Best martial arts for fitness

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While traditional sports like running, cycling and swimming are considered the face of weight loss and general fitness, many unconventional sports hold their own while teaching practitioners additional skills – the martial arts being one of those activities. Skipping, jumping, and static exercises are just the preliminary steps before you get into the thick of your workout. While all martial arts involve some form of the said exercises, here are the best ones for you to maintain your best physical shape.

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Muay Thai

While many martial arts are properly represented by fighting companies like One FC and UFC, the sport everyone is talking about is Muay Thai. It’s probably one of the most prevalent striking martial arts in the competitive and casual scene right now, and for good reason. In addition to being known for its eight limb technique (shoulders, elbows included), clinch and sparring are other tiring routines to plan in a Muay Thai class. Since the whole body is constantly engaged and has a greater choice of strikes than most other martial arts, it is essential to keep everything together with at least decent stamina and endurance. While Muay Thai can be grueling and every strike is meant to be practical and not flashy, classes that represent the art know better than throwing newbies into the deep end when they first start out – hence the attraction for newcomers. If you want to get back in shape quickly and have fun while learning to defend yourself, there are few striking martial arts that can surpass Muay Thai.

Brazilian Jiu Jitsu

Many casual martial artists tend to have varying preferences based on body type, style, and ultimately practicality. Like Muay Thai, Brazilian Jiu Jitsu (BJJ) is the dominant art of its category, that of grappling. When combat takes place in the field, few know exactly what to do in situations like defending themselves – this is where this martial art fills a void in the industry. Many courses offer a gi-based training method that measures skill by belt colors, but more casual, non-scoring versions are also available. BJJ requires a strong core, flexibility, and stamina to endure escaping locks and have the strength to overpower your opponent. While cardio is important to keep on the floor, endurance is slightly more prevalent here as your muscles will have a lot of time under strain during the fight. If you don’t mind getting into your opponent’s face, this could be the choice for you.

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Catch

Another wrestling art that requires a lot of physical contact, wrestling is a reliable tradition that has lasted so long due to its effectiveness when practiced correctly. Although this is a kind of wrestling, wrestling requires a lot more stamina than you might think. Sussing the opponent and finding the right opportunity for a takedown. Going through the movement of wide swings and immobilizing the opponent requires large movements, involving several muscle groups. When you do this frequently, you can imagine how easy it is to run out of steam and run out of steam in a matter of minutes. Taking an hour to lift people and watch out for injuries can be intimidating, but wrestling lessons are safe hands that will prepare you for the art with a good mix of cardio and strength training. If you’re a little heavier, this martial art might be for you.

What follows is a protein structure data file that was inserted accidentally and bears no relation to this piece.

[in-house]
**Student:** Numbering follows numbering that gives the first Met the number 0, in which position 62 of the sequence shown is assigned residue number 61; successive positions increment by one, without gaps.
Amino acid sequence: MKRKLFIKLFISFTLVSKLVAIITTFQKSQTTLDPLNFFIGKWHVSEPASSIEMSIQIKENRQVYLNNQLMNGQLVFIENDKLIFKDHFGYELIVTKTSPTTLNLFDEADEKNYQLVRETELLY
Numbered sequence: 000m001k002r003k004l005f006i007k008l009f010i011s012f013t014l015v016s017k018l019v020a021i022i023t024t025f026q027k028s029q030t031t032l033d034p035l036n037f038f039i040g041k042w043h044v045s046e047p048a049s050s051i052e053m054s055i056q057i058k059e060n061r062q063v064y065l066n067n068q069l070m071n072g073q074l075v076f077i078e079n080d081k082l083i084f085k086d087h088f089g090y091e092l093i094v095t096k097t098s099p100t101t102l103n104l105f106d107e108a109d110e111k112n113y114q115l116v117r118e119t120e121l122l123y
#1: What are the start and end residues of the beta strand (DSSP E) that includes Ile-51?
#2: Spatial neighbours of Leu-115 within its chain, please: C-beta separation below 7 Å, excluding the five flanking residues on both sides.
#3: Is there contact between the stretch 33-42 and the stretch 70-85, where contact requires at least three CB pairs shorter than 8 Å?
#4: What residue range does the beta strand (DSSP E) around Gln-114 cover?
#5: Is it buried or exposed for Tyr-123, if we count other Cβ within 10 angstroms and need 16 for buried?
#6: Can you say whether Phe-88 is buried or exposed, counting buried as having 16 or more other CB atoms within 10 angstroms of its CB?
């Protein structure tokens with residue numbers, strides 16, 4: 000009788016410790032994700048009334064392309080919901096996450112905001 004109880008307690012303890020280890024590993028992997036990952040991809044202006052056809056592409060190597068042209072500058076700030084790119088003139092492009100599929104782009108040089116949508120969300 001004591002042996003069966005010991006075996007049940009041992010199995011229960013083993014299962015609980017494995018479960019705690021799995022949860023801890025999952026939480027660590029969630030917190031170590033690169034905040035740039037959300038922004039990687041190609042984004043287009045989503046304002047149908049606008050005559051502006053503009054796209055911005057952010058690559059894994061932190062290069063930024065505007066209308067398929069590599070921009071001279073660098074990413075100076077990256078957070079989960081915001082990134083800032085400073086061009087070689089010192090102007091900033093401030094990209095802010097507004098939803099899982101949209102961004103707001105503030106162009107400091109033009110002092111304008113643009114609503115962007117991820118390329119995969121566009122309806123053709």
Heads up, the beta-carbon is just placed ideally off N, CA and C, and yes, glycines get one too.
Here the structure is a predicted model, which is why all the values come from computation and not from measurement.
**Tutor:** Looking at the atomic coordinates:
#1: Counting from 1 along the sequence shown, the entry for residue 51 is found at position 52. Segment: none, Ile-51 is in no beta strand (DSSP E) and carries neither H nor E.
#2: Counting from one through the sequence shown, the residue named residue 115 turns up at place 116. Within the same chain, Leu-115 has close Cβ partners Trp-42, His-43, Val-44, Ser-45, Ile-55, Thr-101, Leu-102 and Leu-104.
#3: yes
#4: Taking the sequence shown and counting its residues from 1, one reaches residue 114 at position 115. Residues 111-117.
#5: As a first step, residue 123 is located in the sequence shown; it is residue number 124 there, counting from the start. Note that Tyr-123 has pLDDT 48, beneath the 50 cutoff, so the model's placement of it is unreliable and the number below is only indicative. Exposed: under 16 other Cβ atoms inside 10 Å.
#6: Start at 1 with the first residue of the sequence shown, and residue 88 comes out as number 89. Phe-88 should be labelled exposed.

Boxing

This sleek and sophisticated martial art has been around for a long time and doesn’t seem to be going anywhere. To say that boxing sweats is an understatement. While boxing favors upper body strikes and tons of different ways of hitting (jabs, hooks, uppercuts, etc.), the feet do more than they seem. Constantly maneuvering and bending over to make sure your hips are properly pushed out as you extend each arm for a punch can be difficult to manage, especially when smaller movements are required for a breakout of any sort. . Ducks and weaves are a basic buster, drawing on many muscles from the hips to the ankles. Overall, it’s a well-balanced hitting sport that is respected for how much it keeps fighters standing at all times.

Judo

Similar to wrestling, judo requires a lot of throws and outs, but is slightly different from other grappling sports. While each of these grappling techniques requires the fighter to understand exactly how to land safely to avoid injury, judo training involves a fair amount of cardio while prioritizing mental well-being. This is often a gi-focused martial art that requires a proper uniform and grading system. It may not have the same level of fame as BJJ, but many professional fighters to date use judo for its ability to use minimal effort to get a takedown. Judo is slightly more passive and requires more reaction-based techniques, but maintaining good stamina while waiting for the right throw is still crucial.

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Mixed martial arts

Of course, this is by far the most important “fighting style” in the martial arts scene and for good reason. In the entertainment and fitness industry, many appreciate the versatility and customization of Mixed Martial Arts (MMA), as it can still be improved by combat geniuses and still considered “okay” if it works in an environment. competitive. From throwing to hitting, including working on the ground; There are many ways to approach your unique approach to MMA, but if you don’t take risks, the combination of Muay Thai and BJJ will be a safe combination to try. Be aware that since you are juggling multiple techniques, it is good to practice often to make sure you get the most out of different aspects of your combination. Also, staying in shape while learning these special techniques is a must and it cannot be done without practice.



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